(ORDO NEWS) — American astronomers, in an article published in the journal Nature Astronomy, reported the first detection of binary quasars. Two such objects were recorded at once by the Hubble Space Telescope in the early Universe. Each of them is at least 10 billion years old.
Quasars are some of the brightest objects in the visible universe. It is believed that they represent active galactic nuclei at the initial stage of development, in which a supermassive black hole absorbs the surrounding material, forming an accretion disk. It is the source of extremely powerful radiation, tens and hundreds of times higher than the total luminosity of all stars in galaxies such as ours.
Quasars are scattered throughout the universe. Basically, these are very ancient objects that were formed in the early stages of its development, but they are located so far away that their light reaches the Earth only now. Scientists believe that there are many binary systems among them, but only with the advent of the Hubble telescope it became possible to see two separate objects inside a very bright spot.
Double quasars were discovered by specialists from the University of Illinois at Urbana-Champaign. First, using observations from the European Space Agency’s Gaia space observatory and data from the Sloan Digital Sky Survey, they compiled a list of possible quasar pairs in the early universe.
First of all, they singled out those objects that showed slight oscillatory movements. These fluctuations, according to the researchers, could indicate random fluctuations in light, since each member of a pair of quasars changed brightness. Then the Hubble was pointed at them. Of the four targets set, two were confirmed.
“According to our estimates, in the distant Universe, there is one double for every thousand single quasars,” the first author of the article, Professor of Astronomy Yue Shen, quoted in a press release from the University of Illinois. “So finding these double quasars is like a needle in a haystack.”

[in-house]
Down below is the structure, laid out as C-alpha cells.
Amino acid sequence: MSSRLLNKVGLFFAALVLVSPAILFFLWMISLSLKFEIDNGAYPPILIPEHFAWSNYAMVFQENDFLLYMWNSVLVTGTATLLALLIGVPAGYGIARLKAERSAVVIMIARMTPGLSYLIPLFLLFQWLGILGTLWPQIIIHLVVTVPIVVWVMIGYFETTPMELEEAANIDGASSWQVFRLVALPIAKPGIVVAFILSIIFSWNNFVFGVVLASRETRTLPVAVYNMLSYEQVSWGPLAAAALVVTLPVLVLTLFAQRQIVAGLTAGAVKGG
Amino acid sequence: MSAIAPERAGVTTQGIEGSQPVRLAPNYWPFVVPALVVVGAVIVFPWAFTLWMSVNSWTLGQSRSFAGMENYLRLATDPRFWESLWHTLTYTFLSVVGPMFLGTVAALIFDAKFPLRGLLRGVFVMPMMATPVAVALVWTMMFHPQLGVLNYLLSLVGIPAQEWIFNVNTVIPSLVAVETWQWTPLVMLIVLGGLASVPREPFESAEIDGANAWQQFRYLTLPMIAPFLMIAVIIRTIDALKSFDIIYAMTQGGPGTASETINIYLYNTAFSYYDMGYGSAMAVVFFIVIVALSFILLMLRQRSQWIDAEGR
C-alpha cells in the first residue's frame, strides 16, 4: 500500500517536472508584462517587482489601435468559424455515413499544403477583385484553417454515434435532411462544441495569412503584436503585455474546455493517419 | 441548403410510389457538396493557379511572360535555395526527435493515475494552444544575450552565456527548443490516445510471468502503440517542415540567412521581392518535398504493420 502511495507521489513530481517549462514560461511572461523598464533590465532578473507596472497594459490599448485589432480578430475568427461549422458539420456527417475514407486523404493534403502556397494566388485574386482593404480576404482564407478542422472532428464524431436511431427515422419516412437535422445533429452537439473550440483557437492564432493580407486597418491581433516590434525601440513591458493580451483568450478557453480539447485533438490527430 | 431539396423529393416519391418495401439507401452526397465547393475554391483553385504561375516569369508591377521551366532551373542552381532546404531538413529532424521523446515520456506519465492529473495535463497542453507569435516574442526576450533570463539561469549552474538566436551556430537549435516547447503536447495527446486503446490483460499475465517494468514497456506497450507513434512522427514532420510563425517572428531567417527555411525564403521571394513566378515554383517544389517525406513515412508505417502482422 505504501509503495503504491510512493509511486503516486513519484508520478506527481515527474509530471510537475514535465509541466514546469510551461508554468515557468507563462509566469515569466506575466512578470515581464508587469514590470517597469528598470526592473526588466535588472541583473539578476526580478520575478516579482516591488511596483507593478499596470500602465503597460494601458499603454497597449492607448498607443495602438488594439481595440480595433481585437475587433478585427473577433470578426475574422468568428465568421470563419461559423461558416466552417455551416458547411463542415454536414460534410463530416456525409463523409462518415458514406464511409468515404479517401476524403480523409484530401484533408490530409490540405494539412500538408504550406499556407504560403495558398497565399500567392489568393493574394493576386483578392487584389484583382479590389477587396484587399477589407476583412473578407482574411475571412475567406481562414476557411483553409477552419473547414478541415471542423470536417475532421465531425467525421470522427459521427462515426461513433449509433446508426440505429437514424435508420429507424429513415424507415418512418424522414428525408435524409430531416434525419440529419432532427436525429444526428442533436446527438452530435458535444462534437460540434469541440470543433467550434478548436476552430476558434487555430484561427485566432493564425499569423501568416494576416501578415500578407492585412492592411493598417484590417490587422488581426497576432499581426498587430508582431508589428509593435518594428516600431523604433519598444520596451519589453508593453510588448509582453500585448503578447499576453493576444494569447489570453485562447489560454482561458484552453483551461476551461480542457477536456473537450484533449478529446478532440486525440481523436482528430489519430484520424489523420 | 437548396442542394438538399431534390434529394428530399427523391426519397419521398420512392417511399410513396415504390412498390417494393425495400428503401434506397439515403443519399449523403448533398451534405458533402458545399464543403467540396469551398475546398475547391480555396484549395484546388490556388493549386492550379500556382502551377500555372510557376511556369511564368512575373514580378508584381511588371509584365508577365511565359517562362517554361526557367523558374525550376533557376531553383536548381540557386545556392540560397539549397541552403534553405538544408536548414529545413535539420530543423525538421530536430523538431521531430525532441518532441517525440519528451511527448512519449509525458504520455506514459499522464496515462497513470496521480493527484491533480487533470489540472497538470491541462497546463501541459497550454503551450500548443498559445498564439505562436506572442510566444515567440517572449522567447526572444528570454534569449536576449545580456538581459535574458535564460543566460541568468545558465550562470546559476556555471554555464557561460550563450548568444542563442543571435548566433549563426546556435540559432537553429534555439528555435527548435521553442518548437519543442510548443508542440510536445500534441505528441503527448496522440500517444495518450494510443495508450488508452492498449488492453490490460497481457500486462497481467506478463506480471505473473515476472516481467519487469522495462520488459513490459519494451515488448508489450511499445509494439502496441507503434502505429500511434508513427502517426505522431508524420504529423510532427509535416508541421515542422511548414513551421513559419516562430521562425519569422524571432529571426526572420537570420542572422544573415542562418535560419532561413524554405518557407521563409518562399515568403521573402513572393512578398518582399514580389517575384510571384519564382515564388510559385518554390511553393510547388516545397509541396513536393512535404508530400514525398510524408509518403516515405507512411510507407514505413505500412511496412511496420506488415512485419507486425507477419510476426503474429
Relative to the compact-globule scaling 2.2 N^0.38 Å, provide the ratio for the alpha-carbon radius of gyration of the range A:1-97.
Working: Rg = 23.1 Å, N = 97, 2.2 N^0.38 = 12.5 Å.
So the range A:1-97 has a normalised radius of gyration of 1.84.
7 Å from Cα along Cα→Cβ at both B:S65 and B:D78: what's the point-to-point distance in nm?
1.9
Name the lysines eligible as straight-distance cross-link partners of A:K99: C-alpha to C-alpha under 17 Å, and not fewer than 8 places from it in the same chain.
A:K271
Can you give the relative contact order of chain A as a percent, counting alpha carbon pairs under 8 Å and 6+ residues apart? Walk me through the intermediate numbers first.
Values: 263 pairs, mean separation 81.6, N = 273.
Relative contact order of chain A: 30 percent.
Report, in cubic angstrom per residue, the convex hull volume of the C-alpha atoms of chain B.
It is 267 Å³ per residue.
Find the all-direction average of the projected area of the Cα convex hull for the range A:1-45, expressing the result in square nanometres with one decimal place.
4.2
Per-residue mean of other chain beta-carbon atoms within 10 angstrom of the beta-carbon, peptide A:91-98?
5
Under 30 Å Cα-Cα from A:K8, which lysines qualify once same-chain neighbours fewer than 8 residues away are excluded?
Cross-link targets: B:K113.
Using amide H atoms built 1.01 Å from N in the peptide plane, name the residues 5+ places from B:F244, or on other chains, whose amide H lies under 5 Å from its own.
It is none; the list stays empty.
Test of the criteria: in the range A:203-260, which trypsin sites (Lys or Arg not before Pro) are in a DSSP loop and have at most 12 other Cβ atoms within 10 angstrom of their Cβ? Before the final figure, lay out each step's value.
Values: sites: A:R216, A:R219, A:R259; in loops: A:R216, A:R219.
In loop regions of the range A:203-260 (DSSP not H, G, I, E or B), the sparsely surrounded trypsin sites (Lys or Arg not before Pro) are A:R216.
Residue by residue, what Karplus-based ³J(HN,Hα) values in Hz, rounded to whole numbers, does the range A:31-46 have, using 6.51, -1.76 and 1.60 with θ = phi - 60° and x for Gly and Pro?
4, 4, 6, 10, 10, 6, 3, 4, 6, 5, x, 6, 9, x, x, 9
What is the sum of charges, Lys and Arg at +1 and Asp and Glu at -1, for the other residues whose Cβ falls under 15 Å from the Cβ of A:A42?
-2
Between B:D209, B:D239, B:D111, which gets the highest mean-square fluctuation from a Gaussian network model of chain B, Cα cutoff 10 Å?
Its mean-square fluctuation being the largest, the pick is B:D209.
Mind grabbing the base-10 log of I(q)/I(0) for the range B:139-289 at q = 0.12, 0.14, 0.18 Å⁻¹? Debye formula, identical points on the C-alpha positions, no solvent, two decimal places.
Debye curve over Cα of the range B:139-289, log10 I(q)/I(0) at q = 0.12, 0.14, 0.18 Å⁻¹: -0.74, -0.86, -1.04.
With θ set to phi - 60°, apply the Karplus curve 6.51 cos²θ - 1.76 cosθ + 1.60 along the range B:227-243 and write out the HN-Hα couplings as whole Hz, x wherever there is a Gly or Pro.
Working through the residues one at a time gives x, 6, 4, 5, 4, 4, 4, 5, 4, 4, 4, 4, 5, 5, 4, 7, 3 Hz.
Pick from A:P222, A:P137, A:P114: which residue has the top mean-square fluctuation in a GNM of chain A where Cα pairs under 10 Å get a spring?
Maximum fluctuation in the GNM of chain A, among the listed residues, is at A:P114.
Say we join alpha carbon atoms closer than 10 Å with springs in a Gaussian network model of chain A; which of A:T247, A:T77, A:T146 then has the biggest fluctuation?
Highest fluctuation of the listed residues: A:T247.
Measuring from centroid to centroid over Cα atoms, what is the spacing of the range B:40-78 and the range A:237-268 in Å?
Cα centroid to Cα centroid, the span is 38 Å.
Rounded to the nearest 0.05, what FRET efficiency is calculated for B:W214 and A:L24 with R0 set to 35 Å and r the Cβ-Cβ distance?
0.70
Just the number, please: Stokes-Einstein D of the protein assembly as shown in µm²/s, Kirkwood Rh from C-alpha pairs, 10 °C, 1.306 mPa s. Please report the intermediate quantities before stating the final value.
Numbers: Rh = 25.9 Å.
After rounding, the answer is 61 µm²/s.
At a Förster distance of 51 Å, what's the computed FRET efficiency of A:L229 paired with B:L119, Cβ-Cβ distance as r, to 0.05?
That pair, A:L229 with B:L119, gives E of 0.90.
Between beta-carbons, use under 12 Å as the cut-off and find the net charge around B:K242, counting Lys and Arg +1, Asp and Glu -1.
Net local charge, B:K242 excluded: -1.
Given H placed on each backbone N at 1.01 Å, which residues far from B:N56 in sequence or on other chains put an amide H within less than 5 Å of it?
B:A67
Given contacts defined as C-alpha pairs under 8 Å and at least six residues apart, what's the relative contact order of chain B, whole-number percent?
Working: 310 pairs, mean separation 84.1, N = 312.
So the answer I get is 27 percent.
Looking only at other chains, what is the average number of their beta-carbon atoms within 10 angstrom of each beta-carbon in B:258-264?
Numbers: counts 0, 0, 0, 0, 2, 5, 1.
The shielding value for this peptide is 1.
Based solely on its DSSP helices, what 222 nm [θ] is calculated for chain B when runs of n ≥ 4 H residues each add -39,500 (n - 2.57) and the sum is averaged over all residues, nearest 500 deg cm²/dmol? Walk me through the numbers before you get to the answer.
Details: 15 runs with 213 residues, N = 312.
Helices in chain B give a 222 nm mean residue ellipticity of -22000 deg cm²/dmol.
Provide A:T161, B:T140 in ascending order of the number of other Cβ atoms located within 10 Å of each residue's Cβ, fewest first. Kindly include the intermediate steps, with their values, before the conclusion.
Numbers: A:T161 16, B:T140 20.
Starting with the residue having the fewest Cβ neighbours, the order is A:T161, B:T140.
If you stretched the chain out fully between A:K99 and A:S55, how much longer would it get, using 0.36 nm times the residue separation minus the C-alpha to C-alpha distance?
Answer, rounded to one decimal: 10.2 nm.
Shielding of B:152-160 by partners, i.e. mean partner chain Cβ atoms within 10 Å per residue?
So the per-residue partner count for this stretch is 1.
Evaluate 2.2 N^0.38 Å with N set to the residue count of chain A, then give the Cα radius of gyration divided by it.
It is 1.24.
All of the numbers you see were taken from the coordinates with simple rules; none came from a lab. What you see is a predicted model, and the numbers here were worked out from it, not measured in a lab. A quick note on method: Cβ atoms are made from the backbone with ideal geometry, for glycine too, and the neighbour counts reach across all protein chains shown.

The authors believe that quasars located next to each other are located in the centers of merging galaxies, and over time can unite into supermassive black holes, while generating gravitational waves.
Hubble images show that the quasars within each pair are only about 10,000 light-years apart. By comparison, the Sun is 26,000 light-years from the supermassive black hole at the center of our Galaxy.
“Quasars have had a tremendous impact on the formation of galaxies in the universe,” says fellow research participant Nadia Zakamska of Johns Hopkins University in Baltimore. “Finding binary quasars in this early era is important because we can now test our long-standing ideas about how black holes and their host galaxies evolved together.”
Scientists are confident in their result, although they say there is a small chance that the Hubble images captured double images of the same quasar, separated by gravitational lensing. This phenomenon occurs when the gravity of a massive foreground galaxy splits and amplifies the light from the background quasar into two mirror images. However, the researchers say this scenario is unlikely because Hubble did not detect any foreground galaxies near the two pairs of quasars.
To verify the correctness of their results, the authors conducted additional observations using the Gemini telescopes of the NOIRLab National Research Laboratory for Optical Infrared Astronomy, which confirmed the scientists’ conclusions.
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